Not only is joint pain common during the aging process, but it can also be a problem for athletes that impacts their performance. When our connective tissue starts to break down from aging, disease, or injury, inadequate levels of collagen can commonly be the problem.6

Because collagen is key for strong healthy joints, taking a collagen supplement to increase the body’s creation of new collagen can help to maximize production. Research shows the greatest benefit when collagen is taking about one hour prior to exercise.6

Find more joints supplements here:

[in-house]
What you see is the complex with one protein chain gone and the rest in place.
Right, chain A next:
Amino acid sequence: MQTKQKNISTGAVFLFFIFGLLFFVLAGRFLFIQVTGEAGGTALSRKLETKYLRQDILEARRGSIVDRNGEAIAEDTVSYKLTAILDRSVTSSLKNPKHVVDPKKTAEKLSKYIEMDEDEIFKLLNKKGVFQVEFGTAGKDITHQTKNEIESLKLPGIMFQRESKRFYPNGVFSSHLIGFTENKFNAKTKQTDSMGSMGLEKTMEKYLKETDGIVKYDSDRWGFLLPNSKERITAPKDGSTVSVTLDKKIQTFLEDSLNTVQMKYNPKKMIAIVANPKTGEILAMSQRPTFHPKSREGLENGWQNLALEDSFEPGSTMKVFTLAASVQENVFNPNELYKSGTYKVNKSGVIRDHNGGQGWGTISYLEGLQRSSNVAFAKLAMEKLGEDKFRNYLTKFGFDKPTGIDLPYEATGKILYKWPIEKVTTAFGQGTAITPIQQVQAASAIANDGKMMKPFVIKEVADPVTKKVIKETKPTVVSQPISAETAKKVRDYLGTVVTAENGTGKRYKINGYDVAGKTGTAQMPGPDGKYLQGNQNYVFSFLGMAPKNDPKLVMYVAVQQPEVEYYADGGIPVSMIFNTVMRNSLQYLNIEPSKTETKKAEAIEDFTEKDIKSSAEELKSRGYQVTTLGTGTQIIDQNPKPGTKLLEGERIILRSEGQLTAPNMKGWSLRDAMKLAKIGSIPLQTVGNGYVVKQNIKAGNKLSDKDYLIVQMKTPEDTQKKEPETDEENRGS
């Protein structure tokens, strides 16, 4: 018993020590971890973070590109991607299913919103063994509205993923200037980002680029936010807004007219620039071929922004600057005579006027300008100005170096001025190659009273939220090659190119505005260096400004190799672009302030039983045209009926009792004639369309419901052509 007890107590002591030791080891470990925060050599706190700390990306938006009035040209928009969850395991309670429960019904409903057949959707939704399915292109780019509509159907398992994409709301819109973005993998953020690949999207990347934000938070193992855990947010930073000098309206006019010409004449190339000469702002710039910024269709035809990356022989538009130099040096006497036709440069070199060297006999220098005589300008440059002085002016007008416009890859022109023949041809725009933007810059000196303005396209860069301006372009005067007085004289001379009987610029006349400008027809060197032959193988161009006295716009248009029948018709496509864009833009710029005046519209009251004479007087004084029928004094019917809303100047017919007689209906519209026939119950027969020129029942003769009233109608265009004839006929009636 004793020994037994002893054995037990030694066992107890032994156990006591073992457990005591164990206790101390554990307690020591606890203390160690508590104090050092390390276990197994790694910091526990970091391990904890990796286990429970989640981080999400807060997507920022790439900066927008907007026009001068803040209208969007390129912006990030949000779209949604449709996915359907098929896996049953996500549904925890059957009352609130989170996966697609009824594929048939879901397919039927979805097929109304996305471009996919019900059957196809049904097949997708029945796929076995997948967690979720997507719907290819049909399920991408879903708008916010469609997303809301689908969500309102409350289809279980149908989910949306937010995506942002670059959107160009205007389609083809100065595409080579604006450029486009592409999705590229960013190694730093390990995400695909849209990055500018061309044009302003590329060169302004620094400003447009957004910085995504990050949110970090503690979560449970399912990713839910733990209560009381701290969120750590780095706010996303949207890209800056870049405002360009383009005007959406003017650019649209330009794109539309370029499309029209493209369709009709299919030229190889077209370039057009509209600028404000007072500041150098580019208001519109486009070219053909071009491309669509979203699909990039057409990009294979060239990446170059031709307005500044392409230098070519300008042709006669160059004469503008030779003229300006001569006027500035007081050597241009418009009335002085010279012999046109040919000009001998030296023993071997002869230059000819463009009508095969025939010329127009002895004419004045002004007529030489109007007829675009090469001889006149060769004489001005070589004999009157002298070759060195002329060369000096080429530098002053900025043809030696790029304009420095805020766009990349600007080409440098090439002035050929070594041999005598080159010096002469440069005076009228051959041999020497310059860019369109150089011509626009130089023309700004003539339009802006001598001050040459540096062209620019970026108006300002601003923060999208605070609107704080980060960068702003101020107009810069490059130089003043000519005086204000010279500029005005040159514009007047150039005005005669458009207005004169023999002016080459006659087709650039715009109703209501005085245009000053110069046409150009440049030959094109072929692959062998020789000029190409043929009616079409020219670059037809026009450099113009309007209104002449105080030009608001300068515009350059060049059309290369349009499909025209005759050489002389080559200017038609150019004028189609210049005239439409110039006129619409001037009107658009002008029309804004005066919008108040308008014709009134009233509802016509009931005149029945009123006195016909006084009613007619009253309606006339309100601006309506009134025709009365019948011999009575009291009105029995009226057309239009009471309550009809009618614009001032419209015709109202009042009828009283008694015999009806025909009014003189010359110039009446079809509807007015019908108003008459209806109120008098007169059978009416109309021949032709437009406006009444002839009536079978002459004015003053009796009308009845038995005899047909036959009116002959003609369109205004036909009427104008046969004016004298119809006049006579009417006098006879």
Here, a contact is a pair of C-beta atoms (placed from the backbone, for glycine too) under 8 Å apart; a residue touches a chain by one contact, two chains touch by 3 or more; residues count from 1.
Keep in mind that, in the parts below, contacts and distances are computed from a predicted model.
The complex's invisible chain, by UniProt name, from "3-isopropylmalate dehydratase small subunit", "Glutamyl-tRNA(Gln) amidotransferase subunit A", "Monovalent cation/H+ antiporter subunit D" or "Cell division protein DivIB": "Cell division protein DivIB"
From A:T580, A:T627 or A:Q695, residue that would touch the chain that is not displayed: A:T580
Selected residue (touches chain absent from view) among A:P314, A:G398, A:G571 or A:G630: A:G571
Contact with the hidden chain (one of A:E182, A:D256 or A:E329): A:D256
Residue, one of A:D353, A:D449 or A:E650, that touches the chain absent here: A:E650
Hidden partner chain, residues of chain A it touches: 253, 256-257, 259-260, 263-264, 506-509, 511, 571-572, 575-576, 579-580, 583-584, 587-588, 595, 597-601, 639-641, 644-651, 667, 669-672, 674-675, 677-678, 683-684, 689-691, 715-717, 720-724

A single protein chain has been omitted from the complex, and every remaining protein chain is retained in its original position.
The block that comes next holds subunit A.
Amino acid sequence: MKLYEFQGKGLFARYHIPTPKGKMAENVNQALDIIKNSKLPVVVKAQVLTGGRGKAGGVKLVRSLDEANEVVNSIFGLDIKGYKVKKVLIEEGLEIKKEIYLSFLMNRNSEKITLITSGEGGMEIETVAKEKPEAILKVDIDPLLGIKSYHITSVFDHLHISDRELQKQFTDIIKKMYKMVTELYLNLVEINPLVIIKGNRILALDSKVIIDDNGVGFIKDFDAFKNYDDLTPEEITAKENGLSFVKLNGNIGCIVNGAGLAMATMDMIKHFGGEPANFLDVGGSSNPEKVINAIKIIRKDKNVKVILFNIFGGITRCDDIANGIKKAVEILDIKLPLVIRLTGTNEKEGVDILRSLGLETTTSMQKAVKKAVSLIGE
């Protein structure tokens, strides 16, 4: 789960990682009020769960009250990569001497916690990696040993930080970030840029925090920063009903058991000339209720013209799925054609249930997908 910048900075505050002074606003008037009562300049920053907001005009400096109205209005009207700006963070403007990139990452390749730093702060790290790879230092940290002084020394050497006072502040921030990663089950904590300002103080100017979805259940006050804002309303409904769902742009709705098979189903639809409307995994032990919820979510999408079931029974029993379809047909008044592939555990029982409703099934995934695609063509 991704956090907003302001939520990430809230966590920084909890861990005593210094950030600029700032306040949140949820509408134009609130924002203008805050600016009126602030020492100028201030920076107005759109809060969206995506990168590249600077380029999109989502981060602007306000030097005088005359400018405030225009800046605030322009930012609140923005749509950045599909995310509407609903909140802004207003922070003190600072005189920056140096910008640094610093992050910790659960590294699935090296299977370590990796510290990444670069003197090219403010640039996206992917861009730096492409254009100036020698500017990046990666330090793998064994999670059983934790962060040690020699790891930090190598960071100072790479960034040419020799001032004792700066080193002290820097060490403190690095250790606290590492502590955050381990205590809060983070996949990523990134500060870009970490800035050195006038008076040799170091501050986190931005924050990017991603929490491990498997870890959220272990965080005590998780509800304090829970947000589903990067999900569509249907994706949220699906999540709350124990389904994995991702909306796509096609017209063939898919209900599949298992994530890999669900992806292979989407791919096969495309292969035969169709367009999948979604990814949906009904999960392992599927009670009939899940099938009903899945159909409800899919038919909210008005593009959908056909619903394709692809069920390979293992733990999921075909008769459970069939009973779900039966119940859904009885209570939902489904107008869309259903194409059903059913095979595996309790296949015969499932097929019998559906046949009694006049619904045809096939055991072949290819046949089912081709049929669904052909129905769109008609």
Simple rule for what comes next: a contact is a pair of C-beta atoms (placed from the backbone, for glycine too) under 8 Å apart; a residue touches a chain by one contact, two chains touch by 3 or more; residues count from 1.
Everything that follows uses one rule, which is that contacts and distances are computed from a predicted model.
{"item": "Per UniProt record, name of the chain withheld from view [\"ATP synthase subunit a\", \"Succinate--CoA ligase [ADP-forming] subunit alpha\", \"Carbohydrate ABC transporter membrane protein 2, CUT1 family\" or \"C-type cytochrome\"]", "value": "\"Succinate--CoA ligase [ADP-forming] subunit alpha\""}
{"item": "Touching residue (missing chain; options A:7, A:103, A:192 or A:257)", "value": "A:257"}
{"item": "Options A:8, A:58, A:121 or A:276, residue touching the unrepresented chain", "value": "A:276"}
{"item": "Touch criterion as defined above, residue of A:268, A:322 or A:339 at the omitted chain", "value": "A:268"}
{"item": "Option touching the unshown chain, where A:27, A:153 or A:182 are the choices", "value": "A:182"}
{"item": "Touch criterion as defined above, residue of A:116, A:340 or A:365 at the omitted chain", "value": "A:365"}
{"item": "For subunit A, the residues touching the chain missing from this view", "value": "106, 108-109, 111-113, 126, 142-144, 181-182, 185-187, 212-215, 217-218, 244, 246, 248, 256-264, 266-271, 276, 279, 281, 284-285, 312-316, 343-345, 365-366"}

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5. Collagen could play a role in digestive health

Due to its structural nature, collagen actually plays a role in keeping our digestive systems healthy. The stomach and intestines work like large muscles pushing food through the digestive system and extracting the nutrients we need. Research into this area of collagen supplementation is still relatively new though.7

6. Collagen may help sleep

A decent sleeping pattern can do miraculous things for our body. Besides the obvious factor of making you feel less tired and lethargic during the day, more sleep can increase the quality of your health, improve your everyday mood and your sex life. Plus, not getting enough sleep could be the reason you’re not losing weight too…

Multi-tasking amino acid Glycerine, has the ability to help individuals who may struggle to sleep.

Collagen Side Effects